Rothschild descendants will make £1m selling mansion’s contents

Rothschild descendants will make £1m selling mansion’s contents

By selling some of the artwork and antiques in their rural estate, the descendants of one of the wealthiest families in the world want to make £1 million.

The de Rothschild family, especially Alfred, who is regarded as one of the finest art collectors of the 19th century, gathered the astounding collection of items.

It is possible to trace the history of every piece in the priceless collection back 150 years to the affluent bankers who once owned Exbury House in the New Forest.

With Mayer Amshel de Rothschild establishing the banking industry in Frankfurt, Germany, in the 1760s, the de Rothschild family became well-known.

His five sons were successful in growing the business to launch the family’s global banking empire.

The de Rothschild family is now thought to be the wealthiest in the world, with an estimated fortune of £450 billion.

The 18th-century New Forest mansion’s present owner, Lionel de Rothschild, is purging some of its belongings in preparation for an interior makeover.

On October 5, Woolley & Wallis Auctioneers of Salisbury, Wiltshire, will sell more than 200 pieces of great art, elaborate furniture, and precious antiquities.

The Rothschild Raffaelli mosaic table, which has a lapis lazuli gemstone encircled by Egyptian alabaster and rings of design with scrolling leaves and flowers, is the most expensive piece up for sale.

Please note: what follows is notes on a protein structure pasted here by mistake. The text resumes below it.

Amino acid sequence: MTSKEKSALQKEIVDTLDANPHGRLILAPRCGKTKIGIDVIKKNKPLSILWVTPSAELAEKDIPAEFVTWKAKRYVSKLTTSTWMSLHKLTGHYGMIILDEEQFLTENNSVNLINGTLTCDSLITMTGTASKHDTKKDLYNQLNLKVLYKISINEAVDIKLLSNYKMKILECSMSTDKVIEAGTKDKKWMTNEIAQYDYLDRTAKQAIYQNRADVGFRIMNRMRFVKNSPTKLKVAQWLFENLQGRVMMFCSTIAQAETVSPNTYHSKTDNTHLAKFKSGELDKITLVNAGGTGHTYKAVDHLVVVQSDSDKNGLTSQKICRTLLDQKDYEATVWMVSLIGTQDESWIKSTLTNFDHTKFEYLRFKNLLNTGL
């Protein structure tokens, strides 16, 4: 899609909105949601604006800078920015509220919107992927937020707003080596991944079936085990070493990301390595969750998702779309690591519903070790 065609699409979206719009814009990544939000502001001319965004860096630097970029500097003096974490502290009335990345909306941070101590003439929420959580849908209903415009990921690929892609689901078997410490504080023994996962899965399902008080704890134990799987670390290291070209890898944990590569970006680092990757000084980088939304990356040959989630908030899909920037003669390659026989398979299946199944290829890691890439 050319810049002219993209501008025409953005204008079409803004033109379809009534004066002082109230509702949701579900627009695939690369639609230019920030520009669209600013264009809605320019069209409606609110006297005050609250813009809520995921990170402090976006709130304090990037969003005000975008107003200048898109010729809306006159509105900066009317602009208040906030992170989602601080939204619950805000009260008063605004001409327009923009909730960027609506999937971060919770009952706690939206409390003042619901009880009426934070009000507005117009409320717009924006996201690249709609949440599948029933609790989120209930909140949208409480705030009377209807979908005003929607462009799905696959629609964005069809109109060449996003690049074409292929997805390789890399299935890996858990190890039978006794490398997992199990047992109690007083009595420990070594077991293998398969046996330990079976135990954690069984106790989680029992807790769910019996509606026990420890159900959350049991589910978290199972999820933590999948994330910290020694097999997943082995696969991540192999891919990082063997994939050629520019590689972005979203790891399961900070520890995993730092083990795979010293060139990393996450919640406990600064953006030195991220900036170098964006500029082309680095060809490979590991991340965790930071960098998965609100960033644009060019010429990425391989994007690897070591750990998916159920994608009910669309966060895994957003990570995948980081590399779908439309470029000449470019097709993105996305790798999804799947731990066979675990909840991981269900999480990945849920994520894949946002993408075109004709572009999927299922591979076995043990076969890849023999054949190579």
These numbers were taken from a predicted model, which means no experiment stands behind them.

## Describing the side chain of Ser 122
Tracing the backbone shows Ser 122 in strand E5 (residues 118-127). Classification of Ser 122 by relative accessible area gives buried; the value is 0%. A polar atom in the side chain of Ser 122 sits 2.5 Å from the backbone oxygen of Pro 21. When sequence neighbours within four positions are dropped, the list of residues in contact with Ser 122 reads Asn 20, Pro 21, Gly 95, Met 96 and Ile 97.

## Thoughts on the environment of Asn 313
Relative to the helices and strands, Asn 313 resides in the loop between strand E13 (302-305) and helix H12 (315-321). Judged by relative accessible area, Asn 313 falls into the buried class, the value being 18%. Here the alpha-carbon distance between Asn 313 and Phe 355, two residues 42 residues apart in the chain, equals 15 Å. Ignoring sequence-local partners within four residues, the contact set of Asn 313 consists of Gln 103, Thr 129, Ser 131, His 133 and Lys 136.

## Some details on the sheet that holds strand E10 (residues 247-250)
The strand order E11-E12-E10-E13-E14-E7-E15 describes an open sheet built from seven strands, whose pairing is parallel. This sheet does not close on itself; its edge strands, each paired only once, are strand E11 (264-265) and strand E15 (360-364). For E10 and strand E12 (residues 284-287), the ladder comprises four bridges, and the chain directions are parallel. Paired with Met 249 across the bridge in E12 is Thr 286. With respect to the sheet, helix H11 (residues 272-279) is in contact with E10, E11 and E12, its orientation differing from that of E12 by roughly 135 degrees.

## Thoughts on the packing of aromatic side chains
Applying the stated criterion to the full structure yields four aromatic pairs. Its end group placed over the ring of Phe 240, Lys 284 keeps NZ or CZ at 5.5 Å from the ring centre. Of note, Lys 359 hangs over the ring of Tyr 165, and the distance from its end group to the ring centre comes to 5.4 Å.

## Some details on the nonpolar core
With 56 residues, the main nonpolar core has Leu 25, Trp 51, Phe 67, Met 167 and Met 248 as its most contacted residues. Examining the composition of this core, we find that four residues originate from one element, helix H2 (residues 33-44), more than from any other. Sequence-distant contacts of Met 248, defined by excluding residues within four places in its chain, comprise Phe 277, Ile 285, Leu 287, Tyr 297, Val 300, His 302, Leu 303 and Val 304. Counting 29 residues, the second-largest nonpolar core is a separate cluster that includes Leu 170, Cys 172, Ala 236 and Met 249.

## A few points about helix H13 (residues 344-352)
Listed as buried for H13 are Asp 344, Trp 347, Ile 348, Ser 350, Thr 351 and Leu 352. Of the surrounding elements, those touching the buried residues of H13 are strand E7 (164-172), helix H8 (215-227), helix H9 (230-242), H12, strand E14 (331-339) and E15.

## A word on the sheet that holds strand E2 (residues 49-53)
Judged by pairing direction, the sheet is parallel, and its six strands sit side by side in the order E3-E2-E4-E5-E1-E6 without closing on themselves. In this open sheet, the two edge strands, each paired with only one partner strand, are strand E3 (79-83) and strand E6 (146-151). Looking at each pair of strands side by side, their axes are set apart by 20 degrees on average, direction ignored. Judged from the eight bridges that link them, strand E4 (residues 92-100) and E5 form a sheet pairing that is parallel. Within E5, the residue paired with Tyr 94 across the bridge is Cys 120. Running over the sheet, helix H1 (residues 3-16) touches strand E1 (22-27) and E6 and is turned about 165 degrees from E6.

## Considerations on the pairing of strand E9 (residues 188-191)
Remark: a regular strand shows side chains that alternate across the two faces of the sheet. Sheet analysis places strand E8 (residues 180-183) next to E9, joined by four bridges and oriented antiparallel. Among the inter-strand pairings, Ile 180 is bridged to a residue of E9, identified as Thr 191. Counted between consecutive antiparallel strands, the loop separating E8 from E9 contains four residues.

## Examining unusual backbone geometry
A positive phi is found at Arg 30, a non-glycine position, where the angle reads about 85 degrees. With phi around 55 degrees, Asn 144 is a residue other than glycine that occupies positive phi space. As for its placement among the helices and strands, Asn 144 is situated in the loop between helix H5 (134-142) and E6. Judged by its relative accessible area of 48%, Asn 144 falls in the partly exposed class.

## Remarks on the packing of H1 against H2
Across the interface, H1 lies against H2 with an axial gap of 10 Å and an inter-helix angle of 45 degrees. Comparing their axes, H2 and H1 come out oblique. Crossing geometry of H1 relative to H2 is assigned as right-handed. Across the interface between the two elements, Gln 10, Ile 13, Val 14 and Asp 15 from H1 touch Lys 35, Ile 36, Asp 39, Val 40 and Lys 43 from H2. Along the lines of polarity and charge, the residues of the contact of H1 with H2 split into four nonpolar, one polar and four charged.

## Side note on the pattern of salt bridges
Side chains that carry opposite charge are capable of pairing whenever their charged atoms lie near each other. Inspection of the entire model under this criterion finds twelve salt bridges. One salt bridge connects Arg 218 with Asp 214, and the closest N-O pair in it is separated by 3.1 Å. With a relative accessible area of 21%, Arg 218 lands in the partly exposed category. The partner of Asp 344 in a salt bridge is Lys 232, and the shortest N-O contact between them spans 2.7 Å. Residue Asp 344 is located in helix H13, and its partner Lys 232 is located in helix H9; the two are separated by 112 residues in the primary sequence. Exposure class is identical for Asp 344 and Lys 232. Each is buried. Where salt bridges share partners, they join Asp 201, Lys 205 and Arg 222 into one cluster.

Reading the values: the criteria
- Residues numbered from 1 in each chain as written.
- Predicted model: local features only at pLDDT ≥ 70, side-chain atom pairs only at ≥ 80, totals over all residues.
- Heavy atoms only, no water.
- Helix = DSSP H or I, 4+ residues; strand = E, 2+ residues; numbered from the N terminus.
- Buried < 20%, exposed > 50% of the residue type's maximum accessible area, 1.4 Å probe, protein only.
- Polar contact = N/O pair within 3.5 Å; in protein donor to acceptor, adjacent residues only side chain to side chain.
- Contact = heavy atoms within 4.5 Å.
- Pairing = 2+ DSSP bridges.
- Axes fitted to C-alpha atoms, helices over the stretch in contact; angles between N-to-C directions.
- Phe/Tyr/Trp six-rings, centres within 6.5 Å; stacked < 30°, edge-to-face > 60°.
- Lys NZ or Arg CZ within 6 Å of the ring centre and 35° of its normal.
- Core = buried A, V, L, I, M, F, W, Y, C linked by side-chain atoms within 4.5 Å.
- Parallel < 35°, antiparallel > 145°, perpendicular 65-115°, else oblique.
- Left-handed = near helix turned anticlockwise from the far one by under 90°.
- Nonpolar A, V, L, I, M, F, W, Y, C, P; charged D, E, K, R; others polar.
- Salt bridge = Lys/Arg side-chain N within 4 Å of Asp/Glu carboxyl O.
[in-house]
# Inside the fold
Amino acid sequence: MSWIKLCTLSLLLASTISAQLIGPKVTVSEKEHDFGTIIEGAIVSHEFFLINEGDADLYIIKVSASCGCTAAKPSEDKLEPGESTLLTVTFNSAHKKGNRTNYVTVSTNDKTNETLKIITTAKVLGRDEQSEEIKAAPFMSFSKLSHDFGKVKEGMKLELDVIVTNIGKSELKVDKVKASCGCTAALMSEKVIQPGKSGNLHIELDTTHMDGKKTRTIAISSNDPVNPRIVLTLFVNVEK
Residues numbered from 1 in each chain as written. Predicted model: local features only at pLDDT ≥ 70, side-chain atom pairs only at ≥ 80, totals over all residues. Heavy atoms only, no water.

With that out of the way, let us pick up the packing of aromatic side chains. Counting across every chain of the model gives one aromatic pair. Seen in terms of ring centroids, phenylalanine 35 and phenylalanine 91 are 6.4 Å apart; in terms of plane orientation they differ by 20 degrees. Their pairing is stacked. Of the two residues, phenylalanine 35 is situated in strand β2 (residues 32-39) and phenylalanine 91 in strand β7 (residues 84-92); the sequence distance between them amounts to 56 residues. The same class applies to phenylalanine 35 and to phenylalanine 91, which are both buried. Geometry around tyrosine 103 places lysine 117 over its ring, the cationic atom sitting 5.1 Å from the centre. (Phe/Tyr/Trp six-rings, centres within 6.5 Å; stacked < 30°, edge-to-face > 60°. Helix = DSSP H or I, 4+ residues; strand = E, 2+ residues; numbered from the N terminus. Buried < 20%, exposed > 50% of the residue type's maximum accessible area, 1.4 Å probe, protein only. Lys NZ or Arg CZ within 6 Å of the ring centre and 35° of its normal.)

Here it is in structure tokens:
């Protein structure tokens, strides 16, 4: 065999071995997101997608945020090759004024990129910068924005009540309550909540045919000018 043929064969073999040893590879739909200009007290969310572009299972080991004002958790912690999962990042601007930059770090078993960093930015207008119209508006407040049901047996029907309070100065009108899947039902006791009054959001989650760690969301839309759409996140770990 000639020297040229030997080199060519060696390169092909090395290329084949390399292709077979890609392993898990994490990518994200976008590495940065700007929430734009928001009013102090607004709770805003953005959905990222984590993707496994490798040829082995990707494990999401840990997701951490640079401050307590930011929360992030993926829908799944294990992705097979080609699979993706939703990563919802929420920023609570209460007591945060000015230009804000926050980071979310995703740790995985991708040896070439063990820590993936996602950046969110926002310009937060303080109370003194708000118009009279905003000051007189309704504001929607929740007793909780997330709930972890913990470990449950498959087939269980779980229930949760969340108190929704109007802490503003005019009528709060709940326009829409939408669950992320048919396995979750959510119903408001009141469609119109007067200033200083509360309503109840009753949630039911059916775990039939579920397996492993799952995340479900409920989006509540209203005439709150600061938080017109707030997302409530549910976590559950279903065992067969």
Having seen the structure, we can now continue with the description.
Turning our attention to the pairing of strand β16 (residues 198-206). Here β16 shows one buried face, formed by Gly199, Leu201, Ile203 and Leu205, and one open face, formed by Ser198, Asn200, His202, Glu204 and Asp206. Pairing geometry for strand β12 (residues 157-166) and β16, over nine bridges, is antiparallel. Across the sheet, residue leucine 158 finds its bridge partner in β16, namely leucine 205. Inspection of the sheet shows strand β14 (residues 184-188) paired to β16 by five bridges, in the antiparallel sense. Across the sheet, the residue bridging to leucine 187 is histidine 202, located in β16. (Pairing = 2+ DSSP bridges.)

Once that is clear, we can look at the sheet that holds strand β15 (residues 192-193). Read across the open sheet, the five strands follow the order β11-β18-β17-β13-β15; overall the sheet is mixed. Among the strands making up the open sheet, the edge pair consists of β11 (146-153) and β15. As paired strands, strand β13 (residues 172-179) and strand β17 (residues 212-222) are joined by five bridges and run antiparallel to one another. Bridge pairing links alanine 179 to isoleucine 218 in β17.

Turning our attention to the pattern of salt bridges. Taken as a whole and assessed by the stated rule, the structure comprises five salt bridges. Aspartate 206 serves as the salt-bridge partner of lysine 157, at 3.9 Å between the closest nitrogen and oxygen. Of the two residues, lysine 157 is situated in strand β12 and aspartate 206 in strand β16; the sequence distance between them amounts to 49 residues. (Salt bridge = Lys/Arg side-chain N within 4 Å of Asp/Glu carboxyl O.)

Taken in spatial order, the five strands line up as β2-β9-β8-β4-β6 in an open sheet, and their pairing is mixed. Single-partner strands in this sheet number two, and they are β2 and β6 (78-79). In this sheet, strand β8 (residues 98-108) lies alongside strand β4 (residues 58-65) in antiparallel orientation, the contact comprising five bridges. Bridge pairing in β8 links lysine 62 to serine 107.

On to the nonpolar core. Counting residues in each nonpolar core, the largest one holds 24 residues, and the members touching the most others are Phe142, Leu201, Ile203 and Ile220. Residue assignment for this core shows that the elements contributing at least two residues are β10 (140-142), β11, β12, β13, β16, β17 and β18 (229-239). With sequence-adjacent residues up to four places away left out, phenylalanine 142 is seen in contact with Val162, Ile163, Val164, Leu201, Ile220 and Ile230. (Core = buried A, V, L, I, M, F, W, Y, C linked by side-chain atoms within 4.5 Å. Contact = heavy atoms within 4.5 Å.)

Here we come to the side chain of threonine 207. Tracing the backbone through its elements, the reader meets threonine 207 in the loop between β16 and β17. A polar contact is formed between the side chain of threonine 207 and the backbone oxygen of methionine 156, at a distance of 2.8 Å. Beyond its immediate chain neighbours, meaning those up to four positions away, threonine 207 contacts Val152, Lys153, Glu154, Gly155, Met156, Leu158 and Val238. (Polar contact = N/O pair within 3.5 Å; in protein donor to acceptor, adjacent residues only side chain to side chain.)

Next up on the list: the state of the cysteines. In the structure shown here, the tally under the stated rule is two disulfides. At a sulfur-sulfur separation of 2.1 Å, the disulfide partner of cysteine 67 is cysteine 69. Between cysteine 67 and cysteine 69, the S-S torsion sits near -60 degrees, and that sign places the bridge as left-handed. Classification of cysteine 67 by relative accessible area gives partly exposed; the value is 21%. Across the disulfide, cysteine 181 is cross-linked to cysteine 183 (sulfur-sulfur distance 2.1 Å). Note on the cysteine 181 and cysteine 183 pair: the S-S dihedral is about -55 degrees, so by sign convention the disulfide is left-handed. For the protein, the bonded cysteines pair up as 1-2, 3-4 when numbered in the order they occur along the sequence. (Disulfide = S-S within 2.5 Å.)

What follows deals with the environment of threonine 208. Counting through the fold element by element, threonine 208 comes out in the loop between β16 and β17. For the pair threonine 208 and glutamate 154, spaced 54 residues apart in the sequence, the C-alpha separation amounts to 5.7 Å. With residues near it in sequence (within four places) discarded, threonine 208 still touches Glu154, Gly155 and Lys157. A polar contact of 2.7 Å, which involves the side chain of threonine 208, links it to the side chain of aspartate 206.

Despite only being worth £80 a century ago, the exquisitely carved table, which is 3 feet high and 3 feet wide and has a base made of Siena marble, is predicted to bring in £60,000.

When Alfred de Rothschild passed away in 1918, it was appreciated after being housed in the Winter Garden at Halton House in Buckinghamshire.

A pair of silver statues from the 16th century depicting a crossbowman and a swordsman are also being auctioned off and are expected to fetch an astounding £30,000.

While a Milanese armourer’s cabinet with 11 drawers encircling a central hinged drawer and plaques from the late 16th century installed on them is expected to fetch £15,000.

Roman historical events are shown on the plaque, including the heroic warrior Gaius Mucius Scaevola.

In addition to being very rich financiers, the Rothschild family was also regarded as the finest collectors of the 19th century, according to auctioneer Mark Yuan-Richards.

The variety of objects for sale from such a distinguished family make this collection very unique, in my opinion.

The objects’ “amazing” history, which can be traced back through the family to their original acquisition, was noted by the auctioneer.

Some of the things have been passed down through the family for many generations, Mr. Yuan-Richards said.

There is something for everyone since the various family members have preferences for various styles of furniture and artwork.

“Finding such a significant collection with such lengthy pedigree is like finding gold dust,” said the seller.

“I believe this might easily equal that,” the seller of the first portion of the collection said, “which sold for a total of £1m.”

For the approaching auction, the collection of items has been transferred to the saleroom. In addition, a table cabinet from South Germany made of gilded copper that is valued at around £12,000 will include an engraving depicting Adam and Eve standing next to the Tree of Knowledge in the Garden of Eden.

In the meanwhile, a pair of French restoration vases that were stored in the same space as the Rothschild Raffaelli mosaic table are expected to sell for around £15,000.

As part of the auction called the sale of the century, a rare Italian wine barrel has a value of £6,000 and a silver chandelier is pegged at £8,000.

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